The green-dress-composite image above uses a lighting similar to the prior example, but the PLM was replaced by a studio flash using a standard reflector with a coarse grid and barn doors. The fill light output was increased so that it was only 1.25 f-stops less bright than the grid light. The barn doors where used to block light from falling on the floor or background. This kind of light emphasizes texture and creates very distinct, hard shadows. I generally favor larger sources when doing full-body shots, as I usually find the hard shadows that fall on the floor or surrounding background to be unpleasantly distinct. Click on the image and examine the shadows around the face, and especially those created by the dangling earrings or eyelashes. You can expect small sources, including strobes with their standard reflectors and bare-bulb configurations, to give similarly hard shadows.

The blue-dress shot above was created with a large softbox (100cm X 130cm) oriented horizontally and positioned much like the PLM. In place of a fill light, a large white reflector was placed to our left and somewhat in front of the model. Notice the soft, indistinct and fairly uniform nature of the shadows on the floor beside the model. A bigger softbox would give less distinct shadows and a smaller one correspondingly more defined ones. Satin umbrellas of similar area will give a similar shadow quality, although there will be a slight difference. The umbrella shadows are usually slightly less uniform in the body of the shadow, and the shadow edges slightly more graded.

The final example was lighted with a large beauty dish (24") positioned well above the camera and with a 42" X 42" silver reflector below. This particular beauty dish has a very wide angle of coverage, making it a good choice for pairing with a reflector. The shadows in this example are thrown directly behind the model and are moderately distinct. A smaller dish will provide a tighter shadow with a more distinct edge and a larger source, such as 38" satin umbrella, something a bit softer.

Keep in mind that these examples are just rough points of reference. If you work with different equipment, with different light-to-subject distances, or in a larger space, you will likely get somewhat different results. I'd like to thank Frank for allowing me to use his clothing shots as examples, Lenny for his outstanding makeup, William for his hair wizardry, and Tiffany, our model, for enduring the cold and still delivering a boatload of great poses.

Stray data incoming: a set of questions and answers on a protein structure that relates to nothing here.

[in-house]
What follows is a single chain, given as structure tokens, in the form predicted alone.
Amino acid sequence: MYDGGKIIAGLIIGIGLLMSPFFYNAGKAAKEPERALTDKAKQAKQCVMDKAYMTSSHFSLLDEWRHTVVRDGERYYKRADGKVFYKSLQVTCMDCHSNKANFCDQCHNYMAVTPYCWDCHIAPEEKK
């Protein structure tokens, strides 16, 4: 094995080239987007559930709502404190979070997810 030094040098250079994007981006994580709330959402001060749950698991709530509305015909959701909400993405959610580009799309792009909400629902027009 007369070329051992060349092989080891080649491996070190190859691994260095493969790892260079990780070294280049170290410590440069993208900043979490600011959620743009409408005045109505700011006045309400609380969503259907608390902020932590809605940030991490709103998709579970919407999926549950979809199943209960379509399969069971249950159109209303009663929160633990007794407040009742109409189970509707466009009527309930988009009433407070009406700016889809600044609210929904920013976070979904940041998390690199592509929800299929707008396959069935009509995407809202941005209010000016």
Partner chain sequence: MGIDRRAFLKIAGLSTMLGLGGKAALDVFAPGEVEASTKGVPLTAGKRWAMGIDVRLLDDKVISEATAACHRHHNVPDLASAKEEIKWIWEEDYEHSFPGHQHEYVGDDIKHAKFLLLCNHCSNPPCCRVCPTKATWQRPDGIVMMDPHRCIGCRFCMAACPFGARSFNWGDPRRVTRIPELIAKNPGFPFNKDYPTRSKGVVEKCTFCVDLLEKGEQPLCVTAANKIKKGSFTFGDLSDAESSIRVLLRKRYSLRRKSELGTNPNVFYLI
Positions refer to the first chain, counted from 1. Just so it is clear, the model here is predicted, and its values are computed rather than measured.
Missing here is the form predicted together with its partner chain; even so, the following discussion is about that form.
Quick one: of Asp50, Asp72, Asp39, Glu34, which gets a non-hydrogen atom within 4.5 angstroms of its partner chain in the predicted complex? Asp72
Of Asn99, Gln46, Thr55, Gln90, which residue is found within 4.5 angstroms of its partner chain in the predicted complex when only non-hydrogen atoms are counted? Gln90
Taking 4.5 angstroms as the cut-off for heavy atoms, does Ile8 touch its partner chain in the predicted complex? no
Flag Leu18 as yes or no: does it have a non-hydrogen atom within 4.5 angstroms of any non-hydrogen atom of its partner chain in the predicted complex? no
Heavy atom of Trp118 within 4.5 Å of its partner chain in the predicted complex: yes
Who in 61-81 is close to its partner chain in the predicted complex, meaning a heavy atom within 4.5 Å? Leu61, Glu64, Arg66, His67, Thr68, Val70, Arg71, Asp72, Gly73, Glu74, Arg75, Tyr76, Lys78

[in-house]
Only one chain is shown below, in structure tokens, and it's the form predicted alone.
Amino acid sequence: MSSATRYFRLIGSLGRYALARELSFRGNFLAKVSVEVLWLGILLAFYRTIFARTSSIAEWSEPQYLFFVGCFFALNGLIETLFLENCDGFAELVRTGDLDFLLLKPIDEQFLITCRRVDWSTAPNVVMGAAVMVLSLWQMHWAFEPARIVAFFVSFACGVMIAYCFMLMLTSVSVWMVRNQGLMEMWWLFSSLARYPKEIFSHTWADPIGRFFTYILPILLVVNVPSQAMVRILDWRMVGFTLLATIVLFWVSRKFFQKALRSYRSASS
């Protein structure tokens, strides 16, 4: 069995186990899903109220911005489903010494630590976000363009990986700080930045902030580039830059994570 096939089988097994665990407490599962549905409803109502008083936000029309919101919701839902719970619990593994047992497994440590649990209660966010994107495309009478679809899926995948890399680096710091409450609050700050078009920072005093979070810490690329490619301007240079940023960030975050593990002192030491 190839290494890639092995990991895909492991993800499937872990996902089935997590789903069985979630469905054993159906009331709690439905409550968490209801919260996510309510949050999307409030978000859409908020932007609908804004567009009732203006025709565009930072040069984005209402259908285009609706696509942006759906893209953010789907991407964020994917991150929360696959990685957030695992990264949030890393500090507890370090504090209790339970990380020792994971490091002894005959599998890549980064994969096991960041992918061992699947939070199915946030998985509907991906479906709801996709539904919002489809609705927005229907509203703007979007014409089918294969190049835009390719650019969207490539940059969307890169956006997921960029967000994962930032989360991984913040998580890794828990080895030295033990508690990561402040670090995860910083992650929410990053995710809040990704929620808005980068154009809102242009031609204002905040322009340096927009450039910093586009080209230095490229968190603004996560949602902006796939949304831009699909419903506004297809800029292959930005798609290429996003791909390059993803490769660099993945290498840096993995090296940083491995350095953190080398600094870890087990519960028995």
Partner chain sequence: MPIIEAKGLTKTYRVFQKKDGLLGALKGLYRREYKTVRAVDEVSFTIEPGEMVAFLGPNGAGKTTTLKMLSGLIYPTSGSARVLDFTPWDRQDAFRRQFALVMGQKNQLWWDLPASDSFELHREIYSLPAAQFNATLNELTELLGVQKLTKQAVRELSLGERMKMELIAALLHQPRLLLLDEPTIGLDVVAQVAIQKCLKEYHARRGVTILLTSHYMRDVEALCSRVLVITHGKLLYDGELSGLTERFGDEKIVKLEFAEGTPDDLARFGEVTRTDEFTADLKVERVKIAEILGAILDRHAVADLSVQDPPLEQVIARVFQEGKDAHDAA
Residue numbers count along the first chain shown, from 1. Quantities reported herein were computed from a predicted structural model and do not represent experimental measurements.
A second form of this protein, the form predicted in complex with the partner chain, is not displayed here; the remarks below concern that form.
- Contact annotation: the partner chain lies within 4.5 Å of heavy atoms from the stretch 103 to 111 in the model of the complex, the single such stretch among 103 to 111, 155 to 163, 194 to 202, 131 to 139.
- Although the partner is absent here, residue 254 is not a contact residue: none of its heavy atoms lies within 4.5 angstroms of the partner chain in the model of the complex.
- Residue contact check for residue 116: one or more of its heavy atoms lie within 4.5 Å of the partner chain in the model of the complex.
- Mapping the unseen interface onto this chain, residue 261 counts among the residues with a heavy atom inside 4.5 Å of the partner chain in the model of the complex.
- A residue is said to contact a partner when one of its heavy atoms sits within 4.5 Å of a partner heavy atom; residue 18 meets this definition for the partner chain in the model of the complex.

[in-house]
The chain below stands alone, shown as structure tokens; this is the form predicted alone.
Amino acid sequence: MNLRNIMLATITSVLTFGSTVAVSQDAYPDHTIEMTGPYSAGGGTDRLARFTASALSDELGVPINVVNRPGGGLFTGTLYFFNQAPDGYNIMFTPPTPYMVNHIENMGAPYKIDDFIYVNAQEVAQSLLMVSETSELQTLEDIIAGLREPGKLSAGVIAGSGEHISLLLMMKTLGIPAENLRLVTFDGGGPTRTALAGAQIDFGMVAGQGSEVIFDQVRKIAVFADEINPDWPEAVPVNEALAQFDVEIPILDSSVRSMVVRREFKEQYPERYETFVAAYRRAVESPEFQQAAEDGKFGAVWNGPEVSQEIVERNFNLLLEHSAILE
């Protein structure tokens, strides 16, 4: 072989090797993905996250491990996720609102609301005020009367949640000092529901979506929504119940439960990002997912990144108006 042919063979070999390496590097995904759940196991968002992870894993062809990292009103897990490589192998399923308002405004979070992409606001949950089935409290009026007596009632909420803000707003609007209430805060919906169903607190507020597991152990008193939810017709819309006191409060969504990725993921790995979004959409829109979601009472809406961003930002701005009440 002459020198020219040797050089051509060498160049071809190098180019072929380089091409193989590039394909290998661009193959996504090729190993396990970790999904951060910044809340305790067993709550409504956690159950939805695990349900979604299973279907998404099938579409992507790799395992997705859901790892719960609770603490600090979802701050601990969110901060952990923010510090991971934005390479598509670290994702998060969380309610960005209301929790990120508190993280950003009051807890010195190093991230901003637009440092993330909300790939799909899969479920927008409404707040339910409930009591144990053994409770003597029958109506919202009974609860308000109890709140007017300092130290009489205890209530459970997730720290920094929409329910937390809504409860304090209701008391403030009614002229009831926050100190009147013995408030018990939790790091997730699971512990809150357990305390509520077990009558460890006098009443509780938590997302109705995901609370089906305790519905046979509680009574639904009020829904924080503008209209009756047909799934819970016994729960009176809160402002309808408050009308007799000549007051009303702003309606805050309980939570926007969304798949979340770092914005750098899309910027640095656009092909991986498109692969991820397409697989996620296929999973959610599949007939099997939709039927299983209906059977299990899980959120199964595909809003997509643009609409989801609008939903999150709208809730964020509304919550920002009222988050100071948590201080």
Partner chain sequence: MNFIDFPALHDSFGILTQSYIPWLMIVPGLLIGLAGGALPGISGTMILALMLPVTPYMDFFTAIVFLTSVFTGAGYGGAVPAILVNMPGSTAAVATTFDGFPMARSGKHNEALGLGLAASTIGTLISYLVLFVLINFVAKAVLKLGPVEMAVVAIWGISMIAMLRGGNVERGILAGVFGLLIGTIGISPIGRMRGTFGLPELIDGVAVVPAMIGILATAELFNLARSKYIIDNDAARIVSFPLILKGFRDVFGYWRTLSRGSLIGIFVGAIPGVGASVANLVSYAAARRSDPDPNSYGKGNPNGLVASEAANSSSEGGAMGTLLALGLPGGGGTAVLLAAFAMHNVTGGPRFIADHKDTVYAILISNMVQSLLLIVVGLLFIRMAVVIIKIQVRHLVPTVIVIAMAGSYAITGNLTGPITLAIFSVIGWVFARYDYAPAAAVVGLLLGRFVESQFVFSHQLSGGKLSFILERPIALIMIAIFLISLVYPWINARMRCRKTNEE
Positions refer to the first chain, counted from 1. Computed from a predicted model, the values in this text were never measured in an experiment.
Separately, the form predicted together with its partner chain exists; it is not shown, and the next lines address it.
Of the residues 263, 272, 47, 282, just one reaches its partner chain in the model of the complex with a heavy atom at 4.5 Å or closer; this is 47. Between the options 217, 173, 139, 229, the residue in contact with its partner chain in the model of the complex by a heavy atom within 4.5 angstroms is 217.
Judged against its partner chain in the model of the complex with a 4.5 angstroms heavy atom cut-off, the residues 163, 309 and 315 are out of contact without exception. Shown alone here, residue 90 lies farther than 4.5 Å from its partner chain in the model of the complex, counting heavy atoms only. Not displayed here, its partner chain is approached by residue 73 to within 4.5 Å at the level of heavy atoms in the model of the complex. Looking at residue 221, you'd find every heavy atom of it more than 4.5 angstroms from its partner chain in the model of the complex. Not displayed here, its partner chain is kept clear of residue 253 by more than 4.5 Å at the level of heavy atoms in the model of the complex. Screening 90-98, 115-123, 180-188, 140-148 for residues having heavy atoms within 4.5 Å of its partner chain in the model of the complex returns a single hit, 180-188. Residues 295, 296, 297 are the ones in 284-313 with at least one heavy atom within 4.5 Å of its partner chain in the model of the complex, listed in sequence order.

In the next post we'll look at eyes and see how they can be the single-most-important tool for gaining insight into the lighting.

Sunday, April 10, 2011

Reverse Engineering Lighting

OK, I'm back at it. I don't know about you, but when an image catches my eye, I almost always analyze it. I look for clues about lighting, lens settings, post-processing adjustments, etc. In the next few posts I'll describe what I look at to deconstruct lighting. In tomorrow's post we'll use a series of full-body images to illustrate how different lighting sources render shadows.

Thursday, February 10, 2011

A Few Common Reflection Workarounds

Full-length Shots on White

Creating full-length shots on pure white can be problematic. It can be difficult to keep the floor as bright as the vertical portion of the backdrop unless you "wash" the floor with additional lighting either from below or above. This is not always a viable solution. A very effective workaround is to place a smooth, highly reflective sheet below the subject. The floor then acts as a mirror in which the lighted background is reflected. Direct reflection saves the day.


Portrait photographers often have to grapple with reflections in eyeglasses. Assuming that you are using a typical portrait-lighting setup with main/fill sources somewhat above face level, you typically have three options: raising the eyeglass arms, raising the offending light source, or repositioning the subject. Raising the eyeglass arms slightly at the ear will cause the eyeglass lenses to tilt downward. A small adjustment may be all you will need, and most viewers will not detect that the earpieces have been raised. Alternately, you may choose to raise your main or fill light sources until the reflection disappears. If adjusting the glasses or moving the lighting fails to solve the problem, consider repositioning the subject. For instance, using broad lighting with a 2/3 facial view, as shown in the image below, the main-light reflection will be directed away from camera view.

On-site Speculars

If you've shot a lot of on-site images with on-camera flash, you've undoubtedly encountered the "ugly blob of light." Reflective surfaces, especially those nearly parallel to the sensor plane can kick back an extremely bright and ugly direct reflection of your flash. To avoid this common problem, you may need to shoot from a different angle or temporarily remove certain reflective objects from the scene. Scan the shooting area for mirrors, reflective clock faces, pictures with and without protective glass, and sundry other reflective items. If you are shooting table shots at a wedding reception, for instance, position yourself so that you are not square to mirrored walls, windows, or glass doors behind the subjects. If you are doing shots in the home, be on the lookout for framed pictures and mirrors. If you are shooting in a business, note the positions of the computer monitors and personal items such as framed pictures and reposition things as needed.

I'm not sure what I'll tackle next, but suggestions are always welcome.

Friday, February 4, 2011

Ideas Anyone?